After the External Fixator is Removed – What’s Next?
Any time my child goes in for surgery it’s rough. I dread the day as it approaches. It’s gut wrenching to watch him get prepped and wheeled off by staff to be cut open. However, I felt differently about this time.
I couldn’t wait for the day the external fixator was removed. My son had it in/on for over 4 months to address a leg length discrepancy caused by Ollier Disease and a large bone tumor at the bottom of his femur (thigh bone). Unlike his other surgeries, I was hopeful when they took him behind the OR doors knowing that he would have some relief after this procedure and put this fixator behind us. No more external fixator pin care, dressing over this hunk of metal and onward with normal life…or so I thought…
Initially, we were told that the developing bone was strong and that a cast was not needed. The nurse liaison emerged from behind the door and approached us. He’s done! I thought. Then, before I could say anything she held out what looked like a key-chain with different colored squares on it.
“The doctor said to ask what color cast your son would like.”
“We’re not getting a cast today. The doctor said he wouldn’t need one.”
“Well, he said to ask and I think he’s putting on on.”
“If yes, definitely red than like spider-man.”
She disappeared behind the doors and my nerves shot through the roof. What was wrong? Why now a cast? What would he think when he woke up? I made promises based on this no-cast situation. We booked a trip to the beach (luckily we cancelled it after the cast because a hurricane hit during the time we would have been staying there.) I promised splashing in the bath, playing with his brothers and so on. Huge disappointment.
The cast – a hip spica cast surprise
The surgeon came out and said that he needed to put on a cast because the bone hadn’t formed completely and had been hidden by the fixator during x-rays that were weekly at one point. He would be in a hip spica cast for 3+ weeks and not be allowed to put any pressure on the leg at all. This is also known as non-weight bearing.
My heart just sunk. When will he get to be a kid?
Have you ever tried to keep a 6 year old non-weight bearing? Let’s just say that this is the impossible task. An adult would stay in bed and follow instructions. A child finds ways to hop around on the cast, drag it around on his but and use his toes to hop-run and play.
Waking up from anesthesia
He woke up miserable. The nurse said he had already had pain medicine including toradol, which was awesome after the fixator was placed and nothing else was working, and an antibiotic. After about 20 minutes of screaming he received more medicine and quickly came around.
To my surprise, he looked at the cast and really didn’t care. Thank God, I thought. He was happy it was red and the staff had diapered him.
Soon after he awoke and stopped crying he was discharged. A little soon if you ask me because he was in and out of consciousness. I took him in a wagon, dozing in and out from the anesthesia, to the “cast room” where 2 employees smoothed it out, taped it and they even added a blue stripe so he looked like a spider man costume was permanently on one leg. The 3 of us held him on a tall table that looked like it would be good for a massage therapist while all this was done.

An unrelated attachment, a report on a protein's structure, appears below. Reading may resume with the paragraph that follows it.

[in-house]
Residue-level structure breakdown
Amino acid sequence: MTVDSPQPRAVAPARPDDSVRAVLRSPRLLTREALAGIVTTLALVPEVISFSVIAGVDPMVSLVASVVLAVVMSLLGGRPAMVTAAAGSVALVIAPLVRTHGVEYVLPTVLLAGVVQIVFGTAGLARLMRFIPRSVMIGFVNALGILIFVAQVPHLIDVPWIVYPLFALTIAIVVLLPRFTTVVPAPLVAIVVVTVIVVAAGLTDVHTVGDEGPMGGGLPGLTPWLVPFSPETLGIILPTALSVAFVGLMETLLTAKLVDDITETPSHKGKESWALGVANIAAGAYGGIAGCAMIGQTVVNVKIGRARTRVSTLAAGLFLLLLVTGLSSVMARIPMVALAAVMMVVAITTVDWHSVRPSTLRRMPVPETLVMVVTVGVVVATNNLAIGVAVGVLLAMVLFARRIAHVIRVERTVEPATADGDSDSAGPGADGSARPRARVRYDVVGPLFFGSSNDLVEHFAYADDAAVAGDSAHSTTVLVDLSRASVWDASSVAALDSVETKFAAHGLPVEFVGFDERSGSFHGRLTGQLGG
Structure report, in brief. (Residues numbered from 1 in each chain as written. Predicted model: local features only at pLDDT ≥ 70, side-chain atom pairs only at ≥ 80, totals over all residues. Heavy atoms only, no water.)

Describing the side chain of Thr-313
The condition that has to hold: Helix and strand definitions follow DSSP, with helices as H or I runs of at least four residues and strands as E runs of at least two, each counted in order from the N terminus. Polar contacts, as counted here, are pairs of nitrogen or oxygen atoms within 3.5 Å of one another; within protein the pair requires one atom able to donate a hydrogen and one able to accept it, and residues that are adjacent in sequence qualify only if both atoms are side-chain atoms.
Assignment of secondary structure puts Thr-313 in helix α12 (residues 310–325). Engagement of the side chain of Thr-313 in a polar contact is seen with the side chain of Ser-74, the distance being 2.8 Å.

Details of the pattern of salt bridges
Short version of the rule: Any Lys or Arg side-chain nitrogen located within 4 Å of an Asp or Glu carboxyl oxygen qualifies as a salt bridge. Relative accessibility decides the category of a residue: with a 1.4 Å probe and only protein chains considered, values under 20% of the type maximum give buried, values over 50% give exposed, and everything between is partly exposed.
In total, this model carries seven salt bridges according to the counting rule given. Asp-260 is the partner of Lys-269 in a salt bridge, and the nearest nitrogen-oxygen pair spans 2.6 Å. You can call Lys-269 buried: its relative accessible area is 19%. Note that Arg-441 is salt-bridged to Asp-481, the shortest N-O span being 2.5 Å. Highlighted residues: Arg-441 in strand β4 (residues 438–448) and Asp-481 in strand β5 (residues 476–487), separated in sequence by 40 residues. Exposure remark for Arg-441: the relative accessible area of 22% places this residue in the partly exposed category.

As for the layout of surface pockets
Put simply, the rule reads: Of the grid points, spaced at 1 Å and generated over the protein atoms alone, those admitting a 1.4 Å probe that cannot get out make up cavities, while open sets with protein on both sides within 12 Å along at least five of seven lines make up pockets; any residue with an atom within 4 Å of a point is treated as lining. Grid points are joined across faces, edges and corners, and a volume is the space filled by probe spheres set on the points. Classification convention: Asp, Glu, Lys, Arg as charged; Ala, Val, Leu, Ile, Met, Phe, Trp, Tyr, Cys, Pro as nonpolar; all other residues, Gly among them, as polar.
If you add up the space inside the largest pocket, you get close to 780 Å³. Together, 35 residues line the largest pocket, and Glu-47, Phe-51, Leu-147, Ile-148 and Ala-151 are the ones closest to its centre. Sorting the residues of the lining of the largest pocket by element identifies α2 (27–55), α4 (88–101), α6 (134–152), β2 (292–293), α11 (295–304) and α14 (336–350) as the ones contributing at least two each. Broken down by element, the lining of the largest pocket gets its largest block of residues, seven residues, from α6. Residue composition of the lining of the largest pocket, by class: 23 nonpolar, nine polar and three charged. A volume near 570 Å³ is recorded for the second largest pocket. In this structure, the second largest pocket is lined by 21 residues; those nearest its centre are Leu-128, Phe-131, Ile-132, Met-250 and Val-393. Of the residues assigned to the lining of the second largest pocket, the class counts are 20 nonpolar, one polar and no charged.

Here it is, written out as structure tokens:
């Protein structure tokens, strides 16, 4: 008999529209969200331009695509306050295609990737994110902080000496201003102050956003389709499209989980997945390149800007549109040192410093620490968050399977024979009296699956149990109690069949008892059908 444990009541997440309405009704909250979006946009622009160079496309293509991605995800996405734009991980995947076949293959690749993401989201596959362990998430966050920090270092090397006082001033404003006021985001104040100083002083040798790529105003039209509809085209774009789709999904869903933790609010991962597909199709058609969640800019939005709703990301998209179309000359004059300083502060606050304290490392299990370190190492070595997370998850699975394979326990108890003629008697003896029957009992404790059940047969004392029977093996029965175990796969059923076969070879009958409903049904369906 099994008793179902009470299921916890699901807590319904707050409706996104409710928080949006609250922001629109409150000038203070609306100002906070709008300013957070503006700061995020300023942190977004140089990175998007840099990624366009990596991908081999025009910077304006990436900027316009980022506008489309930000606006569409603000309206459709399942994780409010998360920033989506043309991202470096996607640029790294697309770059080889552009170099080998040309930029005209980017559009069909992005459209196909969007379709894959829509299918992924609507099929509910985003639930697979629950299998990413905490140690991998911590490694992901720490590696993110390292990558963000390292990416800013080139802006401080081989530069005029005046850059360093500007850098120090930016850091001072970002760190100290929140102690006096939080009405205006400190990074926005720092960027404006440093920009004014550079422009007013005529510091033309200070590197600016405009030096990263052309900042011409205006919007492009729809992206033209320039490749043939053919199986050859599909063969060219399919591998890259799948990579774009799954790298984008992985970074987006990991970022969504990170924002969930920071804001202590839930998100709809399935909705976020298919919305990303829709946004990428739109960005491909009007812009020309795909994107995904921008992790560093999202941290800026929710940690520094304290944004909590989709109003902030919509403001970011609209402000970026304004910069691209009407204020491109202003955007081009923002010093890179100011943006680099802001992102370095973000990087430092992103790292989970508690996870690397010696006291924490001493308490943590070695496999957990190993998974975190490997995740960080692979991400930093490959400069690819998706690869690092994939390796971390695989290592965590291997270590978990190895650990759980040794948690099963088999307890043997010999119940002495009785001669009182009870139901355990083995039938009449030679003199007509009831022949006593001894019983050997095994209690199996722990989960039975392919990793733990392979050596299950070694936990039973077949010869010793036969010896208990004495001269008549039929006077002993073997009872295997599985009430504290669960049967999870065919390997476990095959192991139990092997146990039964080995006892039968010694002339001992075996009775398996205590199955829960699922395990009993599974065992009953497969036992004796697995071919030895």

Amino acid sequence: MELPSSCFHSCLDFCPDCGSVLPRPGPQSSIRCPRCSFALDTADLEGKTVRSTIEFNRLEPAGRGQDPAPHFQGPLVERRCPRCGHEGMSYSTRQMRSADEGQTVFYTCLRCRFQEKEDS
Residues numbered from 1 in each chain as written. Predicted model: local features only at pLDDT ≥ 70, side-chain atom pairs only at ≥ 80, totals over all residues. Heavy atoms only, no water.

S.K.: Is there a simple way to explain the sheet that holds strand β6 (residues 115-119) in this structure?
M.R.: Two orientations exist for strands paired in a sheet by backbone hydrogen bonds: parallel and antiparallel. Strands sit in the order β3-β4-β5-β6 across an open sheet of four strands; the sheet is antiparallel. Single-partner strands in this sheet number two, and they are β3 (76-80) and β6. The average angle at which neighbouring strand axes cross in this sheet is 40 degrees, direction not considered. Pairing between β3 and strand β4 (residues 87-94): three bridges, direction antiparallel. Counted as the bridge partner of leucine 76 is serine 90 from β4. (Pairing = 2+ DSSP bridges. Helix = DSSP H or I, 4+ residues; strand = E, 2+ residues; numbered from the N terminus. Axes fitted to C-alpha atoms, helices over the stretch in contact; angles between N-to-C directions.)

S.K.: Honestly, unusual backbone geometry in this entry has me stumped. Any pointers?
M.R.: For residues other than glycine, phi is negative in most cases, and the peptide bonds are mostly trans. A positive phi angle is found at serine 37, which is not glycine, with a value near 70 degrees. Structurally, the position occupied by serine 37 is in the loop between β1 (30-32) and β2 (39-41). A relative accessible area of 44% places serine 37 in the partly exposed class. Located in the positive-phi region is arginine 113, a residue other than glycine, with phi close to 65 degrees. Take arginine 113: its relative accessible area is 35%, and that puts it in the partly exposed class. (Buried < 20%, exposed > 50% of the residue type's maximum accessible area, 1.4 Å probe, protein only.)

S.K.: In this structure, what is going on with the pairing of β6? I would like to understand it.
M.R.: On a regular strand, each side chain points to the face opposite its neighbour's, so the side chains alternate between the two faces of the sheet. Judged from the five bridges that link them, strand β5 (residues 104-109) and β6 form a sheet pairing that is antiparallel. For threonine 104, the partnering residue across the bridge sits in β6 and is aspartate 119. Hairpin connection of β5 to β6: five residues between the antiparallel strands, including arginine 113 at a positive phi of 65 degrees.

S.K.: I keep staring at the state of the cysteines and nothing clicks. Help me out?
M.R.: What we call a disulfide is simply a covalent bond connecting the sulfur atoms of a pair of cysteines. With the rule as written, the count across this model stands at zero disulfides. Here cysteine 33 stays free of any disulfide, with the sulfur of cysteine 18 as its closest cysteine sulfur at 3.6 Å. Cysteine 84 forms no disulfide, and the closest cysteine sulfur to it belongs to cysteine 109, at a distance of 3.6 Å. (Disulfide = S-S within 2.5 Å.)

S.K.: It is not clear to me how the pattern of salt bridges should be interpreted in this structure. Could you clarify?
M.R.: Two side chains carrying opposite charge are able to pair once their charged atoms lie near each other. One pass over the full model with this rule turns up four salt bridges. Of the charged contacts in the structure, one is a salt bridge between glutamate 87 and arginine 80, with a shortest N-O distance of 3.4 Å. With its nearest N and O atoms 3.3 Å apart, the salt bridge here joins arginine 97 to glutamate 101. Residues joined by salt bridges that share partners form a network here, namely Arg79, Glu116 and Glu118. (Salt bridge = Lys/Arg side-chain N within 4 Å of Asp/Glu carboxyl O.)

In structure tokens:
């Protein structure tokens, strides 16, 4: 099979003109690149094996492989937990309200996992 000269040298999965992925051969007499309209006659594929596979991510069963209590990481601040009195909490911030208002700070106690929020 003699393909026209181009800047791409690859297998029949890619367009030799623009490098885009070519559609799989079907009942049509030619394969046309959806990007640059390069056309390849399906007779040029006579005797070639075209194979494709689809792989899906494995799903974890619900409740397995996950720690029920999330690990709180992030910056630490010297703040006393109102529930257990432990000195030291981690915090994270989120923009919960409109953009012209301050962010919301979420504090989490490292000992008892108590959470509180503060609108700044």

We were discharged while he was still super loopy and allowed to go home the same day! The fixator placement was a one-week hospital stay, this was short in comparison. We did have a long drive ahead of us so they gave him some zofran to help stop the puking. The puking didn’t start until about 2 hours into the trip…luckily we had a basin and he asked for it! Car seat saved!
Hip Spica Cast Care
Caring for the hip spica cast has been really uneventful.
For starters, he’s positioned not quite in a sitting posture and also not standing. It’s awkward and he slides off of the toilet. It took a few tries for him to get it himself…but I had to help hold him so he didn’t fall off of the toilet the first few tries.
We can’t get it wet so we were told that he can’t have a shower or a bath. I wipe him down with a wash cloth series. First wash cloth has soap. Second wash cloth, or cloths if I use too much soap, is for rinsing and then I towel dry. I’ve washed his hair several times over the sink and was told that we can “knock” on the cast for itches and/or use a hair dryer on cool to shoot air up the cast.
Sending air up the cast with a hair dryer turned out to be a no-go for us because it’s so tight that there really isn’t any air flow. I did manage to itch a few spots just a few inches in from the bottom with my finger…making sure not to bunch the fabric inside. Luckily, this only stayed on for a few weeks and I was able to keep him mostly in air-conditioning to help with how hot it made him feel and to keep sweating down. As a child, he doesn’t get really stinky…so heat has been a challenge.
Our journey continues when this comes off!
Have you had a hip spica cast or cared for someone who did?